Clipping a horse is a job that most people consider an essential part of taking care of a horse in winter. For a horse scared of clippers, or who is nervous about being clipped, it often takes more than using quiet horse clippers to convince them there is nothing to be scared of. Or perhaps it is the first time your horse is being clipped. Either way, clipping a nervous horse takes time, patience and good preparation to ensure it is a positive experience that will make clipping easier in the future.

Experienced groom Daniel Tarpey offers the following advice for clipping a horse scared of clippers.

“First of all, make sure your horse is in an area where he feels settled before you turn the clippers on,” he says. “It’s a good idea to have a haynet there to keep him happy, and, if you can, have someone else with you to help, just in case you have any problems — accidents can happen.”

Daniel suggests clipping a nervous horse using the following process:

  1. Start by running the clippers all over the horse’s body before turning them on. This gets the horse used to how they feel.
  2. Once the horse seems happy, and shows signs of relaxing, move away and turn the clippers on. Leave them on to give the horse time to get used to the noise.
  3. Turns the clippers off for a few seconds, and then on again, several times.
  4. When the horse has settled, start clipping easy areas that aren’t sensitive and are easy for you to step away from if the horse reacts (like their shoulders). Gauge your horse’s behaviour and only move on to other areas if they are calm enough for you to do so.
  5. You may not achieve this in one session. Do a little day by day to help your horse learn.

When you are working with a horse scared of clippers, remember to take it slowly and have lots of breaks. This is also good practice because it helps to prevent the clippers over-heating and becoming too warm against the horse’s skin. Be sure sure to give your horse lots of praise and reassurance throughout.

Further reading

How to clip a horse: correct blade tension, straight lines, oiling intervals and other expert tips

Clipping a horse: types of clip and how much hair to take off

Your Horse tests clippers for how easy they are to use, end result and value for money

Clipping a horse for the first time

When you’re clipping a horse for the first time — it might be the first time in their life or the first time since you have owned or loaned them — it is important to make a positive start. Clipping expert Lisa Edmed shares the following advice.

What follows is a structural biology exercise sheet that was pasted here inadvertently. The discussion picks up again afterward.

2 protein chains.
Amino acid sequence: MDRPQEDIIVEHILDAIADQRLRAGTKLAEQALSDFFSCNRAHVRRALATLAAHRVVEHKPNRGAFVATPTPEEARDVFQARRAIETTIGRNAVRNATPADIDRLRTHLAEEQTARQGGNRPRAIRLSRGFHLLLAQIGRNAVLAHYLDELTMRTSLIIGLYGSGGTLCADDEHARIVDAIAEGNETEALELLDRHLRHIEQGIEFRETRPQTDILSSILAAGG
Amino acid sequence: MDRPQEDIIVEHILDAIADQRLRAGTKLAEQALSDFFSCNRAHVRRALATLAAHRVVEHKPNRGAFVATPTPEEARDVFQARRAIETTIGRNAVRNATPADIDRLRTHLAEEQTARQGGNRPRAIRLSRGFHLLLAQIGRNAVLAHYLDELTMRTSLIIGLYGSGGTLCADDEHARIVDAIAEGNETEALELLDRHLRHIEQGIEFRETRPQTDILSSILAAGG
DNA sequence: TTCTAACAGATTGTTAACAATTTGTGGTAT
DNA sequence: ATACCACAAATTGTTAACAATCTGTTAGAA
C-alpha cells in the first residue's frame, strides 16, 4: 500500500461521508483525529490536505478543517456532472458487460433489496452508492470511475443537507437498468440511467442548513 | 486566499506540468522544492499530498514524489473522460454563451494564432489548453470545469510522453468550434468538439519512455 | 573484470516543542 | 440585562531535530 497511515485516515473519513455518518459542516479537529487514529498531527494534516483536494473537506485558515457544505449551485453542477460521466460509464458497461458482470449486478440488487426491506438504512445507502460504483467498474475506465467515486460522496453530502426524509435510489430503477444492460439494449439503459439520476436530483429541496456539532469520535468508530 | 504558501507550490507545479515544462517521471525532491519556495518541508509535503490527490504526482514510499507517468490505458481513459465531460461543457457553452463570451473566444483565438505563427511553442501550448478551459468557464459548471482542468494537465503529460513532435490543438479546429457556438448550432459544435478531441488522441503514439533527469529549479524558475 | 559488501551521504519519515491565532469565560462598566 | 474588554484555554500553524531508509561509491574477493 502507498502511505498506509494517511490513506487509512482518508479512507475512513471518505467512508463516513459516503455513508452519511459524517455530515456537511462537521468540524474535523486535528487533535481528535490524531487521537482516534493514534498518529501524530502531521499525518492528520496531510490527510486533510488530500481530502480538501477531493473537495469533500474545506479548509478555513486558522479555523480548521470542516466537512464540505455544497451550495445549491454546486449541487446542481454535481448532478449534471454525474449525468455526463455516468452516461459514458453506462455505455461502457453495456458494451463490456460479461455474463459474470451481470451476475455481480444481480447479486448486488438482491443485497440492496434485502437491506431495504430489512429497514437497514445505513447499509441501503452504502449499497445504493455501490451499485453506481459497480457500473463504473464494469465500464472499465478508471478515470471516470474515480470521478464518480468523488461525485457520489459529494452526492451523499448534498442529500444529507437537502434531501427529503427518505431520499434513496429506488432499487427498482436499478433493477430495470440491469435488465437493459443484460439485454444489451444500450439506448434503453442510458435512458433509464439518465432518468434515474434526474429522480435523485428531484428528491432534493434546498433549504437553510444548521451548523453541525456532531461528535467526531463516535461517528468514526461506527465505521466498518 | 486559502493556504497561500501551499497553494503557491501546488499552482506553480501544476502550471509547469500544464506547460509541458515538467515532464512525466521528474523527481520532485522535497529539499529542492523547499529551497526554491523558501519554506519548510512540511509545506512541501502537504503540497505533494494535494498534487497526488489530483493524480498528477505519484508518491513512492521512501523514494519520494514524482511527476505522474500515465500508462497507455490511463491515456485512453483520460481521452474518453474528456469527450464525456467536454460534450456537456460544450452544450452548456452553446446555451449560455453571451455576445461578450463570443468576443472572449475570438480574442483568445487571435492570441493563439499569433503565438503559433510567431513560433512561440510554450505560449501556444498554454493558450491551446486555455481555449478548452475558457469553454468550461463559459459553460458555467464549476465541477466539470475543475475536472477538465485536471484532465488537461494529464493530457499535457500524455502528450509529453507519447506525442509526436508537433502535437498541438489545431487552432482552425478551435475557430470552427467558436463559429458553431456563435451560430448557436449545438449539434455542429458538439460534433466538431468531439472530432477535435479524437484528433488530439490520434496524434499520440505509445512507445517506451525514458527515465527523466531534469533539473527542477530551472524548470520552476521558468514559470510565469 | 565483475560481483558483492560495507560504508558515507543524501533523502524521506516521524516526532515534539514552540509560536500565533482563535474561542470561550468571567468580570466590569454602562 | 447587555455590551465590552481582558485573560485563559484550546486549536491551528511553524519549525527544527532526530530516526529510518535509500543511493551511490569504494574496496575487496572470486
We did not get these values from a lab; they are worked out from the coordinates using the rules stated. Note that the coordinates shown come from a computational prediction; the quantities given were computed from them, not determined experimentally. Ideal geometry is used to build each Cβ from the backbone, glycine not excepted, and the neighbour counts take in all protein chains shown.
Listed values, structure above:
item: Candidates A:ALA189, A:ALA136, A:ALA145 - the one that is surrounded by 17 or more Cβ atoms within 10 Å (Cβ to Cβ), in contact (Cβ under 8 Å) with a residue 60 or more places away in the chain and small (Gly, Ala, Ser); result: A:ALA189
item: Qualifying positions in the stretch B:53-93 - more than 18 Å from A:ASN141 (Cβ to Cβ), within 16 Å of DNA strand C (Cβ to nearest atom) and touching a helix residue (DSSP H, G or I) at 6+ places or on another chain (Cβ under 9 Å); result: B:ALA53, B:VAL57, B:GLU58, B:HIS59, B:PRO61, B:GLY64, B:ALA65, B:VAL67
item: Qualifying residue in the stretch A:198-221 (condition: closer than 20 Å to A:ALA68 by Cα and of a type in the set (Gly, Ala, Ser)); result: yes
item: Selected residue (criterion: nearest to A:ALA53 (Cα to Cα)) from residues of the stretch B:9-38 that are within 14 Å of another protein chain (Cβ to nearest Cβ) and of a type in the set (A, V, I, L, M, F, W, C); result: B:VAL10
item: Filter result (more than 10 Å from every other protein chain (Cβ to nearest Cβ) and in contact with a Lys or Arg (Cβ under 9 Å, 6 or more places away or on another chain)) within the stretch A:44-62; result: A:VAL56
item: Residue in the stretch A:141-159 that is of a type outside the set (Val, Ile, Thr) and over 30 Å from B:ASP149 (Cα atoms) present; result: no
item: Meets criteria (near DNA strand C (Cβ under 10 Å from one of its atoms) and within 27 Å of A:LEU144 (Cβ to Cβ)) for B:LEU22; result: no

1 Positive introductions

Go up to your horse first to say hello without any equipment. Give them a treat and let the horse smell you. When clipping, people often wear suits that can be scary to a young horse. Once the horse is happy, start with trimmers — turn them on and off and, as long as they don’t show signs of being nervous, stroke the horse with the clippers.

Now, if the horse is happy, start taking the hair off. Always have a helper standing at the horse’s head giving them attention and reassurance, possibly treats too if necessary, to keep the experience positive. This is vital when working with a horse who is scared of clippers.

2 Don’t tie the horse up

Personally, I don’t like horses being tied up to be clipped, especially first timers. I like them to be able to walk away (within reason) if they need to and not feel trapped. This gives them confidence that they can move away when something’s worrying them. Being held in a secure area outside is much safer than being tied up in a stable.

This is where having a helper is really useful. Avoid trying to hold the horse still yourself and clip at the same time. By having a person holding the horse rather than tying them up, if they do try to run backwards they won’t pull the lead-rein tight and panic more, potentially hurting themselves (or you).

3 Read the horse’s body language

Constantly look out for signs that the horse isn’t happy, such as fidgeting and pulling away. If you think they are becoming anxious, give them a short break before trying again. Only go as quickly as the horse is comfortable with. It might take several sessions of just introducing the horse to the sound of the clippers over several days, for example, before you can touch their body. Patience pays off in the long run, especially with horses who are scared of clippers.

4 Build up to bigger clippers

Once your horse is happy with small trimmers, which tend to be quieter, you can then build up to using bigger clippers which are noisier and vibrate more. I use a cordless pair of bigger trimmers on young horses initially — they are safer than wired clippers. You can then work up to using the bigger clippers.

5 Don’t take off too much hair

Only do a low, minimal clip first time, such as a bib and belly clip or a small Irish clip. You don’t want your horse having to stand still for too long. I always keep hair on a first-timer’s back for the first few clips, as they can be sharp to ride after being clipped. Not having any hair in this area can make the problem worse.

6 Make sure clipping is a good experience 

Keep the experience as positive as possible. If you’re nervous, get an experienced person to clip your horse the first time. Even if you feel confident enough to do it yourself, always enlist a helper. Listening to music and/or chatting to your helper is also a good idea. It can have a calming effect and gives your horse something to listen to that isn’t the noise of the clippers.

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